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Financial Ombudsman Service

Financial Ombudsman Service Online Dispute Resolution in the Financial Ombudsman Service The UK Financial Ombudsman Service was established by statute in 2000 as the mandatory ADR body in the financial services sector. Its function is to resolve disputes between consumers and UK-based financial businesses quickly and with minimum formality. Its casework process is designed around the principle that a dispute is usually best resolved at the earliest possible stage and that most problems can be resolved without needing a formal determination by an ombudsman. Businesses covered by the ombudsman have the opportunity to resolve disputes before the service becomes involved, but they must resolve complaints promptly – and always in fewer than eight weeks. Once a complaint is referred to the service, its process is geared towards early and informal resolution. Its case-handlers (‘adjudicators’) attempt to facilitate an amicable resolution to the dispute between the two parties, usually resulting in adjudicators writing to parties with their view on what the fair and reasonable outcome should be. If both parties agree (which typically happens in around 90% of cases), the dispute is resolved. But either party may disagree and ask for the case to be referred to an ombudsman for final, […]

HM Courts and Tribunals Service

HM Courts and Tribunals Service HM Courts & Tribunals Service was created in 2011 as an executive agency of the Ministry of Justice (MoJ). The Ministry of Justice is one of the largest government departments bringing together areas responsible for the administration of the courts, tribunals, legal aid, sentencing policy, prisons, the management of offenders and matters concerning laws and rights. The Agency operates as a partnership between the Lord Chancellor, the Lord Chief Justice and the Senior President of Tribunals. The creation of HM Courts and Tribunals Service was from the old services of the Tribunals Service and HM Courts Service. HM Courts & Tribunals Service provides the system of support, including infrastructure and resources, for the administration of the business of the courts in England and Wales and those tribunals throughout the United Kingdom, for which the Lord Chancellor is responsible. The agency provides the support necessary to enable the judiciary, tribunal members and magistracy to exercise their judicial functions independently. The HM Courts and Tribunals Service works with an independent judiciary to provide a fair, efficient and effective justice system. Staff The Chief Executive is responsible for the day-to-day operations and administration of the HM Courts and Tribunals Service and for the leadership of its staff. […]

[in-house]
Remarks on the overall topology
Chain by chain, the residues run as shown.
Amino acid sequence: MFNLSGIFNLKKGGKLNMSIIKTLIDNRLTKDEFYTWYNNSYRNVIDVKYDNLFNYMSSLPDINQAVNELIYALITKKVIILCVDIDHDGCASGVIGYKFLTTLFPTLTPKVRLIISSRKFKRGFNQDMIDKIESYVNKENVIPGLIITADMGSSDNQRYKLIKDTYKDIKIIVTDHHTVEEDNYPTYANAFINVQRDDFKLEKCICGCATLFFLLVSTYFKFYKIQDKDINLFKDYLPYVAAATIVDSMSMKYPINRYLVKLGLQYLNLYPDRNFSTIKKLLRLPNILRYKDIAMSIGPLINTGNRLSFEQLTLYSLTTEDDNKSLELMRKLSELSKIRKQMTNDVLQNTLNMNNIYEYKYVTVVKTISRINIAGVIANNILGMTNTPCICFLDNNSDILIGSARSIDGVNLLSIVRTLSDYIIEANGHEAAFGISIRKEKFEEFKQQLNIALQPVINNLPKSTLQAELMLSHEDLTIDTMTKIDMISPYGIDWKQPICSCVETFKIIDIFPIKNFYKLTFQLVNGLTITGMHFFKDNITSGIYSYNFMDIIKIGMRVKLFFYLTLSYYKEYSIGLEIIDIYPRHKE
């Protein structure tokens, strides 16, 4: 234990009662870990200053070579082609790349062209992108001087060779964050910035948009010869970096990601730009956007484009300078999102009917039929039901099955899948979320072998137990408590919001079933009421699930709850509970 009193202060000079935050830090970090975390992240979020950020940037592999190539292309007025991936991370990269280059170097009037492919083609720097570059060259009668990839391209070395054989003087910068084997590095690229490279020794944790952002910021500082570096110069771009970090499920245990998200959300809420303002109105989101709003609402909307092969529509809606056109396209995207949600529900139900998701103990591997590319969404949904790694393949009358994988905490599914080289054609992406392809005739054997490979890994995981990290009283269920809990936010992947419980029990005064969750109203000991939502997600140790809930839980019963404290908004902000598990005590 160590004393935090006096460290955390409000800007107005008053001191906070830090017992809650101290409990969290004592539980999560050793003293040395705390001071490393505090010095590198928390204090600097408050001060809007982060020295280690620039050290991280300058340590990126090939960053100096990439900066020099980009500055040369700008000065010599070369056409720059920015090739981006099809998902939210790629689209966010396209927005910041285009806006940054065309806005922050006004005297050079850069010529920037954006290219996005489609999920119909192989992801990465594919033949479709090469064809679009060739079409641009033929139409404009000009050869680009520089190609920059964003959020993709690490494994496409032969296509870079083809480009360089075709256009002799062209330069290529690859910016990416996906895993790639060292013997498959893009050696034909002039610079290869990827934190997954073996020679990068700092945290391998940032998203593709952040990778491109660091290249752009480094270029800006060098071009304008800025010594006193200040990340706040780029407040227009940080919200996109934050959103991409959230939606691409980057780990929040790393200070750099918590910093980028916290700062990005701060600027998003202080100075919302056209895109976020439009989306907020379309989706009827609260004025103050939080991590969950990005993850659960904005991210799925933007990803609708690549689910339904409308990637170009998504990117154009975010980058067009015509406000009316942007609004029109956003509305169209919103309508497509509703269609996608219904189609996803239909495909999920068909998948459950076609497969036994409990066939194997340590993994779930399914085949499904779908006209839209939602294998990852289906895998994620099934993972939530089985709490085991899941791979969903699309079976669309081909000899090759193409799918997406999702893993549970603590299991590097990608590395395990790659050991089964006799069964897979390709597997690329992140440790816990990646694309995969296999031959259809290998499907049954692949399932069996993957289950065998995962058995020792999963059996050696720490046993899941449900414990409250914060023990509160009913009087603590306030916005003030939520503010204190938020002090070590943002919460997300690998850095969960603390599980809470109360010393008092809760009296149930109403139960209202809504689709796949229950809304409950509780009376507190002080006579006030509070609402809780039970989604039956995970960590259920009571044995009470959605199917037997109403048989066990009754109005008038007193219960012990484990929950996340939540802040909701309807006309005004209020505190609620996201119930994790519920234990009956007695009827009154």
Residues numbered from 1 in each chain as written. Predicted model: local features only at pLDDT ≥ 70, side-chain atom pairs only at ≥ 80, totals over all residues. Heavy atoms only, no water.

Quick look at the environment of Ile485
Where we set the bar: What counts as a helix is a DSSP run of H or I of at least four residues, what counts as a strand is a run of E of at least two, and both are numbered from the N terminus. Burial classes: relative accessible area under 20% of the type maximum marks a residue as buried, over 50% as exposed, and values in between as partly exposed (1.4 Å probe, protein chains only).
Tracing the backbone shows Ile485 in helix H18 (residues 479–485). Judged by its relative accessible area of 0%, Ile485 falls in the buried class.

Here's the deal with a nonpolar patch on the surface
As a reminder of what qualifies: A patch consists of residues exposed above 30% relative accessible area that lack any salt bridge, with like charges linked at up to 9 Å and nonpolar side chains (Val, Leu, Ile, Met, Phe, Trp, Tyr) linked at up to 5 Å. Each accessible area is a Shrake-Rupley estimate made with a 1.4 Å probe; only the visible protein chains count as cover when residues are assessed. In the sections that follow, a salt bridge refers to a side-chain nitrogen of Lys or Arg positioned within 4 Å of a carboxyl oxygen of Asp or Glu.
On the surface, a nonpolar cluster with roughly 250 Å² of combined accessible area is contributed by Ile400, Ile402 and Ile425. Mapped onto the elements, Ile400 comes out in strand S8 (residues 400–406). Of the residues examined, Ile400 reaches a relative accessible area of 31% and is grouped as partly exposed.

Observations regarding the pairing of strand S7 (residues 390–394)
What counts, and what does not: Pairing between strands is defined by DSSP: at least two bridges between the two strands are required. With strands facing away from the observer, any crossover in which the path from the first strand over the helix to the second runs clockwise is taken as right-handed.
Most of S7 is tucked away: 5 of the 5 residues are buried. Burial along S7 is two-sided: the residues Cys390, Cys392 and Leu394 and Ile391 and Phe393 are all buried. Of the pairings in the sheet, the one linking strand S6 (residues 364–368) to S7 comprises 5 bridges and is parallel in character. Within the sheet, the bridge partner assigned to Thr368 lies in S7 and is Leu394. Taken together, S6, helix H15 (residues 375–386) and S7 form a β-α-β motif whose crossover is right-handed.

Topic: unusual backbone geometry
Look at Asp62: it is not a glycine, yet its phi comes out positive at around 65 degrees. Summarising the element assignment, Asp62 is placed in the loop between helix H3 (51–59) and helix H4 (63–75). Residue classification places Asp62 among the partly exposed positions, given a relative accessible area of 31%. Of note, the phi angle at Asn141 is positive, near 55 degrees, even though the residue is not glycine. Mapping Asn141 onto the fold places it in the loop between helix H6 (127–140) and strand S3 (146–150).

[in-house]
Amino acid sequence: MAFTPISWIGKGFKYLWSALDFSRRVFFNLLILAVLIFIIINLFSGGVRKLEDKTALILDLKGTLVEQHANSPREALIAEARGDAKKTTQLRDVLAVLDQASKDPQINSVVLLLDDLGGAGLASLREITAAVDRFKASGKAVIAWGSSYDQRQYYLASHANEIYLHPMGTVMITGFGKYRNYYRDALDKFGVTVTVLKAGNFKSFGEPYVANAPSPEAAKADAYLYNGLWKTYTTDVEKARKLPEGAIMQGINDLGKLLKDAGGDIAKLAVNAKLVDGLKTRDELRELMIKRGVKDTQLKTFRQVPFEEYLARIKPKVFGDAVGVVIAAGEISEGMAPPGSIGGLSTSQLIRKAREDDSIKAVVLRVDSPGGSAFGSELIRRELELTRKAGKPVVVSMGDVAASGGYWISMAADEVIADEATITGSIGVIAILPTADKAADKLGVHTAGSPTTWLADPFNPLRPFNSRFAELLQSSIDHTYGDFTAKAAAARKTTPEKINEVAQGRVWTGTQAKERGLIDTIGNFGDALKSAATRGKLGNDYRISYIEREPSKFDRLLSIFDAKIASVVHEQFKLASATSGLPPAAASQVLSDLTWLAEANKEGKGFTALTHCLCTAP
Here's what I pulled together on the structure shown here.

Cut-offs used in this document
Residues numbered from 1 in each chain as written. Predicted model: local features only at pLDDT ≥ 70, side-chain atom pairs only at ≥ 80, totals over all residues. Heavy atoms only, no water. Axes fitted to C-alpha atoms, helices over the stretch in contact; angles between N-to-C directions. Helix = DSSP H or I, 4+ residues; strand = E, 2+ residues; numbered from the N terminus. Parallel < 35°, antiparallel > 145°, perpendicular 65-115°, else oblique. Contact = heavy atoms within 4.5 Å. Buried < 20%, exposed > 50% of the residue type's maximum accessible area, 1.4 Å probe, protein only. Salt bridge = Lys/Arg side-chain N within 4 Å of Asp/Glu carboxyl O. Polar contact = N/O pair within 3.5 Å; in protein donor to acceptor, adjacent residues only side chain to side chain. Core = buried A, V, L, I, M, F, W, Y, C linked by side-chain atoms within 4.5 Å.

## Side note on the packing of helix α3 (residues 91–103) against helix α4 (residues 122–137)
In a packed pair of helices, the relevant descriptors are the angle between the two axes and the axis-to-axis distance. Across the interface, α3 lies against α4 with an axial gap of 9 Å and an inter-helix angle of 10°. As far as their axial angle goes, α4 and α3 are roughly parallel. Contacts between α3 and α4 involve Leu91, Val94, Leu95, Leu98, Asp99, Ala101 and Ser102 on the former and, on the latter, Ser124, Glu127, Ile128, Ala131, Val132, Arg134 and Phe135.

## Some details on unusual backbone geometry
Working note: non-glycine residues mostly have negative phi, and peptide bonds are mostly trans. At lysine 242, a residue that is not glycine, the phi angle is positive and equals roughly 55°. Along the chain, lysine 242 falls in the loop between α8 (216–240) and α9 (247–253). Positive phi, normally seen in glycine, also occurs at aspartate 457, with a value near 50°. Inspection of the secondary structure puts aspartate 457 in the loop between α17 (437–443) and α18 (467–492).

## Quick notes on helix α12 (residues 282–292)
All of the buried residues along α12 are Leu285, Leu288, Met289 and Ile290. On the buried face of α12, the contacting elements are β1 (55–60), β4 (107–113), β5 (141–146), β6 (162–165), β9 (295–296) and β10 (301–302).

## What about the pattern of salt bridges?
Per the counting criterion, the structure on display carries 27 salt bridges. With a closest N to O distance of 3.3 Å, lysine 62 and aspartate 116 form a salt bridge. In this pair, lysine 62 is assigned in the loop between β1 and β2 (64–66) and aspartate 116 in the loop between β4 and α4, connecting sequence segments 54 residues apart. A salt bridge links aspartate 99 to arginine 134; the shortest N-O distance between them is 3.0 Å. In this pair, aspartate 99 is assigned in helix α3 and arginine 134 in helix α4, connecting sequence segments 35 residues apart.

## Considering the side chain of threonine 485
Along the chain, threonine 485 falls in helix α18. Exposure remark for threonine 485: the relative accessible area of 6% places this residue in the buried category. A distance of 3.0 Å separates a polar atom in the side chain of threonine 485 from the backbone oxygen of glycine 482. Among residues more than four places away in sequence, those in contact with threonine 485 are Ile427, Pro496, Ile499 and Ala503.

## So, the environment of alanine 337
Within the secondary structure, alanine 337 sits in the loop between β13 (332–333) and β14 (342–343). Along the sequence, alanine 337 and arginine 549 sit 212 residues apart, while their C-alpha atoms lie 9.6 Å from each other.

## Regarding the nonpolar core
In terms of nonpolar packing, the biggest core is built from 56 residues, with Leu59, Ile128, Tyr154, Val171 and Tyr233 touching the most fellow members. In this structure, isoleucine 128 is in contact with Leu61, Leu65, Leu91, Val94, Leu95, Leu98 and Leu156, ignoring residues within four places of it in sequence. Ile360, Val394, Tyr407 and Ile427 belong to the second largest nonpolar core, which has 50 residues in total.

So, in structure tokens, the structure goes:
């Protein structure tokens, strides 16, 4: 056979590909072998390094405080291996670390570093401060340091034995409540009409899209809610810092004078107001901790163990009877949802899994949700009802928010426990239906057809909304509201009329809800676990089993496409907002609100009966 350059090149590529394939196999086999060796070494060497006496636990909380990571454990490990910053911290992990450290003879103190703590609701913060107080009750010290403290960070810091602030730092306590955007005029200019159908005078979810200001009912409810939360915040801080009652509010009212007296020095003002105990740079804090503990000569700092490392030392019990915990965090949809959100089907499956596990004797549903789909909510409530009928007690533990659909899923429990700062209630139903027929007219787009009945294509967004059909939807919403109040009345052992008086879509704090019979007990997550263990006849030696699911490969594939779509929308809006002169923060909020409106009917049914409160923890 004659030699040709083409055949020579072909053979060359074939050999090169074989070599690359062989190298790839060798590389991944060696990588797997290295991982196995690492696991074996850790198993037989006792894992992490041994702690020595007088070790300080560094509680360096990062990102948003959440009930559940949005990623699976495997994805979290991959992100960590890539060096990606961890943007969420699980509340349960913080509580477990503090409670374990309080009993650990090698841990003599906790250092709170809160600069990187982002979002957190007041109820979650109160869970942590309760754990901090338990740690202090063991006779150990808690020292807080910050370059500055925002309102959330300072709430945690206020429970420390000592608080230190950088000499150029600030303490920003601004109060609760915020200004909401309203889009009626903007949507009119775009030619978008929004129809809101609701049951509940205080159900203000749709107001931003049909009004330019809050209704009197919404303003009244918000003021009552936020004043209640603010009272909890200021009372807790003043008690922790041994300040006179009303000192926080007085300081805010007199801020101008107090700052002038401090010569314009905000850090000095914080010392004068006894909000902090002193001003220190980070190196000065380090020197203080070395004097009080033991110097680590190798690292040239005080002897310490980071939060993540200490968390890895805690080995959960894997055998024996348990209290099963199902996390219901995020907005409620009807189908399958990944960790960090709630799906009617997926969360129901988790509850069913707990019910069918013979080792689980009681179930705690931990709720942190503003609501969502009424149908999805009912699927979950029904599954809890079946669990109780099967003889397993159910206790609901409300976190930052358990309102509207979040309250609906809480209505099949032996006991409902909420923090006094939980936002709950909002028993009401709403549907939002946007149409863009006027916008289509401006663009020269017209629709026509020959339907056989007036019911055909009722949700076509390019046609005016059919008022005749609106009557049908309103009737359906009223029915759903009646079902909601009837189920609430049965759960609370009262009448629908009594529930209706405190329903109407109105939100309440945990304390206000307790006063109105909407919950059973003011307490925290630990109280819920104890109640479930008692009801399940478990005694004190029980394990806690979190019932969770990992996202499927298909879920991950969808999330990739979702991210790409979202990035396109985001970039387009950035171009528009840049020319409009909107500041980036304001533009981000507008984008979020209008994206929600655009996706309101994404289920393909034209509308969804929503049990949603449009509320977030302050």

Ministerial Departments

Ministerial Departments Attorney General’s Office: Works with 4 agencies and public bodies: the Crown Prosecution Service, the Government Legal Department, the Serious Fraud Office and the HM Crown Prosecution Service Inspectorate Cabinet Office: Works with 21 agencies and public bodies Department for Business, Innovation and Skills BIS: Works with 50 agencies and public bodies Department for Communities and Local Government: Works with 9 agencies and public bodies Department for Culture, Media and Sport: Works with 41 agencies and public bodies Department for Education: Works with 9 agencies and public bodies Department for Environment, Food and Rural Affairs: Works with 35 agencies and public bodies Department for International Development: Works with 2 agencies and public bodies: the Commonwealth Scholarship Commission in the UK and the Independent Commission for Aid Impact Department for Transport: Works with 19 agencies and public bodies Department for Work and Pensions: Works with 13 agencies and public bodies Department of Energy and Climate Change: Works with 9 agencies and public bodies Department of Health: Works with 26 agencies and public bodies Foreign and Commonwealth Office: Works with 11 agencies and public bodies HM Treasury: Works with 9 agencies and public bodies Home Office:Works with 29 agencies and publi c bodies Ministry of Defence: Works with 30 agencies […]

Incorporated Council of Law Reporting